I could go into detail on this but, suffice it to say, I write fiction. I don’t write characters based on any particular, real-life individual.

My characters are amalgamations of different versions of myself, fictional characters I’ve loved or loved to hate, and the occasional trait borrowed from someone I’ve known be it physical or personality-wise, but never just dropping a complete someone into the story.

As is the case with the previous point, asking an author to put you into their book will probably not yield the desired result. If you do end up as a character in their story, that rendering of you may not live up to your expectations. You may think you’re going to be the protagonist being sent out on a quest, but you’re really just the drunkard at the tavern slouching in the corner and muttering about gold in that there yonder stream.

I talk about this in my opinion piece on why I typically don’t use historical figures as characters in my fiction, but it boils down to portrayal. Overall, I would worry about not doing this person justice because the fact is, they were a living, breathing person, and it almost feels like an invasion of privacy to be putting them into the pages of my fiction. In some cases, where information is not abundant and educated guesses need to be made to fill in the gaps, I would be afraid of getting something wrong and dishonoring them; it would feel like I were twisting them to fit a mould, so to speak, for the sake of entertainment rather than staying true to the course of that individual’s life.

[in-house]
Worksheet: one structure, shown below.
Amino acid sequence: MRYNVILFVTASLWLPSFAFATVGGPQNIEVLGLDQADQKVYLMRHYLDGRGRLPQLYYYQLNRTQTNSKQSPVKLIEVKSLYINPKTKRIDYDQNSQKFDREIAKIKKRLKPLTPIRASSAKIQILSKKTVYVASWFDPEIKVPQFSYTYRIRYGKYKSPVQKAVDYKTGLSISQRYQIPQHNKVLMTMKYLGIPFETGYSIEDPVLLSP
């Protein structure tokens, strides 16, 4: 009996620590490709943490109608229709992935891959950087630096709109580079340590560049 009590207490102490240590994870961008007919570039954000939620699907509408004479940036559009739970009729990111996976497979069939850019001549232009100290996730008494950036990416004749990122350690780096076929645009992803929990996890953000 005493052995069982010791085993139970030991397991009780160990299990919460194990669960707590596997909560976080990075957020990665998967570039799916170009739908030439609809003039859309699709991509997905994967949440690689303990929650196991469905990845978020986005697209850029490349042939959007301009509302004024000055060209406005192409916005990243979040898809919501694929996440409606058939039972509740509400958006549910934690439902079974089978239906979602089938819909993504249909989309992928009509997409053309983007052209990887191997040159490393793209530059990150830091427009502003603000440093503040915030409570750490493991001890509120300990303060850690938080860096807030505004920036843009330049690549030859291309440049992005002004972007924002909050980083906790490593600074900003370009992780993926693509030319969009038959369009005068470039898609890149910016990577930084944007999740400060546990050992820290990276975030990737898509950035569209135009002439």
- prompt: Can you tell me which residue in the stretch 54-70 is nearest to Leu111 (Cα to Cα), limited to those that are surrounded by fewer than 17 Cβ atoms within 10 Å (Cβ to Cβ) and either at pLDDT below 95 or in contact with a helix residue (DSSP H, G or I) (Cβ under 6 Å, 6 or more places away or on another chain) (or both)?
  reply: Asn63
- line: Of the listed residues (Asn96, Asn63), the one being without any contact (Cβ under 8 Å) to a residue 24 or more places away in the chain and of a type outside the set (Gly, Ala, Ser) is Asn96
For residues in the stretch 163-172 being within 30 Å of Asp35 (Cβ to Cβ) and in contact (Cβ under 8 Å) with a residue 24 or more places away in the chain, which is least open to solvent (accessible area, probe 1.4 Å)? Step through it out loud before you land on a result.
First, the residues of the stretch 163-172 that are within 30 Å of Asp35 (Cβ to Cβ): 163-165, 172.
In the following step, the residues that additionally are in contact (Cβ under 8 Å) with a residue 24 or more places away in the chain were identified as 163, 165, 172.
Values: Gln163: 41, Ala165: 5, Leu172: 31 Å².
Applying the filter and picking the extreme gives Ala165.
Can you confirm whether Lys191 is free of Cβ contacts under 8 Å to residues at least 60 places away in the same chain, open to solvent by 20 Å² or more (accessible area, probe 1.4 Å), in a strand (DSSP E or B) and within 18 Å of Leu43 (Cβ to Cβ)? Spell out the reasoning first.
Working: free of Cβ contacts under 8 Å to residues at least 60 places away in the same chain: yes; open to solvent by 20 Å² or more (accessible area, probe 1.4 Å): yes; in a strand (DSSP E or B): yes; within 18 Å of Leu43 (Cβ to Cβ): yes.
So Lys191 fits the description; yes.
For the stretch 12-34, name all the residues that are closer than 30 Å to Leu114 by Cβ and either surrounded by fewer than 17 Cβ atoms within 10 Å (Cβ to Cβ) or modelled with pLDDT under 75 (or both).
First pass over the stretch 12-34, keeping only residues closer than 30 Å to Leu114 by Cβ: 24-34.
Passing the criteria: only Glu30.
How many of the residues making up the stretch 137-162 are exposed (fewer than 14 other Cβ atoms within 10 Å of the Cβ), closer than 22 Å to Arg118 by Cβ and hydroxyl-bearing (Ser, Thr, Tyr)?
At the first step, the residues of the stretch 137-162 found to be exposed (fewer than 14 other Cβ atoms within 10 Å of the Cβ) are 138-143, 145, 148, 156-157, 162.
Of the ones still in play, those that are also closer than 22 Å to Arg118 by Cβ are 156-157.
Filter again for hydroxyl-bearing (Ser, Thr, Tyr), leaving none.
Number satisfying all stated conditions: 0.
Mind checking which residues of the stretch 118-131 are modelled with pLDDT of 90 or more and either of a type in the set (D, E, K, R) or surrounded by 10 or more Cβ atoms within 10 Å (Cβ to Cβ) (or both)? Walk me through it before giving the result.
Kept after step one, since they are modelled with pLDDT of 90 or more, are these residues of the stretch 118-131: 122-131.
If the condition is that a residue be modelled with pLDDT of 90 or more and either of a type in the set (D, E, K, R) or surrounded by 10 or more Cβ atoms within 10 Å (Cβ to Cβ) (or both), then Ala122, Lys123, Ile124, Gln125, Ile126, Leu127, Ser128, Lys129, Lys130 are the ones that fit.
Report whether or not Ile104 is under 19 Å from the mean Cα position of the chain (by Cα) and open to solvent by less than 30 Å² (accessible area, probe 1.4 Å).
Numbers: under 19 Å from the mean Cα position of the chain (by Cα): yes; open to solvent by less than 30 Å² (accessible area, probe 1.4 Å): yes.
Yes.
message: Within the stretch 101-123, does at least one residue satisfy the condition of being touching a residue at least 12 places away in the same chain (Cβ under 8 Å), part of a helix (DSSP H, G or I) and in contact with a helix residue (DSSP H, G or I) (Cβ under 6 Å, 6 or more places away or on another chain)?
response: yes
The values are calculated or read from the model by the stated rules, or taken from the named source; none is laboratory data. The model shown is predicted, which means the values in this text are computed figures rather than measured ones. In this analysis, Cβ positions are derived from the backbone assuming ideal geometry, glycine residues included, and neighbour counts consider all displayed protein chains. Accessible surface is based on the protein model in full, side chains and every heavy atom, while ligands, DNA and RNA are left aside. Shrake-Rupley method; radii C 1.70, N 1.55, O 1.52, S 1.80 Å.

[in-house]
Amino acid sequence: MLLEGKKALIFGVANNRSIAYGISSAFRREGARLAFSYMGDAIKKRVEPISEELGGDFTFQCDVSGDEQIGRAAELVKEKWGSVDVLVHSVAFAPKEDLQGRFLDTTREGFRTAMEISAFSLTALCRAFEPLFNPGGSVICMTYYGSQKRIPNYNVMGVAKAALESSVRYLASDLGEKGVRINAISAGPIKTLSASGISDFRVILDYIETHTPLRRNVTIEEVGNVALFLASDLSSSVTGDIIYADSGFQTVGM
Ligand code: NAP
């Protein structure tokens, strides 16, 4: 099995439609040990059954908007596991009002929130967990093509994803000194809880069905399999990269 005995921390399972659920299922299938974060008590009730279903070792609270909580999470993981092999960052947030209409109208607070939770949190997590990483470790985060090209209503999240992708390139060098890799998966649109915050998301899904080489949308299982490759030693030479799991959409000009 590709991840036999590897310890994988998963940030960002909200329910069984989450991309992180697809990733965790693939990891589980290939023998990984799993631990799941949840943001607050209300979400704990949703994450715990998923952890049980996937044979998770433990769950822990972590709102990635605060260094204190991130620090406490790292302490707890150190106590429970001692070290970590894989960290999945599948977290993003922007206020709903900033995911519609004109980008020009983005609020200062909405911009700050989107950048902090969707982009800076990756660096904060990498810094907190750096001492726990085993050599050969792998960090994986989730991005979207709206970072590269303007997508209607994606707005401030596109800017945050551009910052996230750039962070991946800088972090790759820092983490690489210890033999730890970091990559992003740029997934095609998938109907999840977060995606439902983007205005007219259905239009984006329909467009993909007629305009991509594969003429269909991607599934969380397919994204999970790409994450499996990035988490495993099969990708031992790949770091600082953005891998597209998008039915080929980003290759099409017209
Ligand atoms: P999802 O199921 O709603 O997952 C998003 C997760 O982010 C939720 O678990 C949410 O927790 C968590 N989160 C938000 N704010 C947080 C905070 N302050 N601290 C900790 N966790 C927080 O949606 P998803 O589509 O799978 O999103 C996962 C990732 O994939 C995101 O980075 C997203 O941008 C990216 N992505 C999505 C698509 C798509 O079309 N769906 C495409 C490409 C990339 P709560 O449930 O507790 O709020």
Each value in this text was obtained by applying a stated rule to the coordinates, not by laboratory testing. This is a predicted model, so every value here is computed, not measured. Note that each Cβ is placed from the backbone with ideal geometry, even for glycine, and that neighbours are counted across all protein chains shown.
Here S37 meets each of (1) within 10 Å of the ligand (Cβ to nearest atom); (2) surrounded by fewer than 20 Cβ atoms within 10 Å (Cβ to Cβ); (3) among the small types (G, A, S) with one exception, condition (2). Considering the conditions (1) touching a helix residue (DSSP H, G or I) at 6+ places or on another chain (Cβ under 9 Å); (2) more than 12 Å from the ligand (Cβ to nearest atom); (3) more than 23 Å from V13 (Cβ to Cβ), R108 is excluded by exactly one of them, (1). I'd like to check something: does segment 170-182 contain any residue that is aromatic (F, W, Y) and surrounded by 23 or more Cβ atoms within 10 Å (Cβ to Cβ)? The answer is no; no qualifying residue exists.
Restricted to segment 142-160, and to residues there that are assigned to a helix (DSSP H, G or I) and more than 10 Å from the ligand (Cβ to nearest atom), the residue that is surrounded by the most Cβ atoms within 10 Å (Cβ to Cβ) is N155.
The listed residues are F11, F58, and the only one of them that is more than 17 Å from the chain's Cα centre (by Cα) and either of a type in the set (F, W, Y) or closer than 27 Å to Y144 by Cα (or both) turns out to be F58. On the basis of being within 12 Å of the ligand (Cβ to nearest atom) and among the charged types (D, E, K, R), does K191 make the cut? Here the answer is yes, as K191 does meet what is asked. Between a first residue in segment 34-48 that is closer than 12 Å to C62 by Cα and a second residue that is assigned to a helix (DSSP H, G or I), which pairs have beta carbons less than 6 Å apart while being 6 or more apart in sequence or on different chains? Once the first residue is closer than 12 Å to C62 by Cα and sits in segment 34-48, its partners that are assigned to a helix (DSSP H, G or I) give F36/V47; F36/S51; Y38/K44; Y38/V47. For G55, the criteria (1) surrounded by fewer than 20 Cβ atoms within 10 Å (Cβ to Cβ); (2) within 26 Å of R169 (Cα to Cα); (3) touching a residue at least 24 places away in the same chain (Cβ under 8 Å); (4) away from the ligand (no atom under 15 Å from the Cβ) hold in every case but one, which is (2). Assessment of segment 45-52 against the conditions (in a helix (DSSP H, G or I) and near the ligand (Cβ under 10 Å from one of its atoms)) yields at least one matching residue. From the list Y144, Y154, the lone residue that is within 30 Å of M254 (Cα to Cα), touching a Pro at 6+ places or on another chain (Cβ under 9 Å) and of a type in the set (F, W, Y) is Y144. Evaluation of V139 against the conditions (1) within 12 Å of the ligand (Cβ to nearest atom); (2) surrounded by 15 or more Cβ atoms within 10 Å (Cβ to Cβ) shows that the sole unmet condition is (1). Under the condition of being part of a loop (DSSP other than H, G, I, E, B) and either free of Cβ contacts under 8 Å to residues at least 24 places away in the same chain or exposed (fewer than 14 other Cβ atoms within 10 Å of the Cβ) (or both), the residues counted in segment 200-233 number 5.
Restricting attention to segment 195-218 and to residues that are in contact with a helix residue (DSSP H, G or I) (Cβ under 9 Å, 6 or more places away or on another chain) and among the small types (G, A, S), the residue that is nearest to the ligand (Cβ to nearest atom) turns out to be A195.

The same goes for people who are still alive and well. The only difference is that the person can be offended if they find my fictional version to be either too much like them or so different than how they would act in real life (or think they would).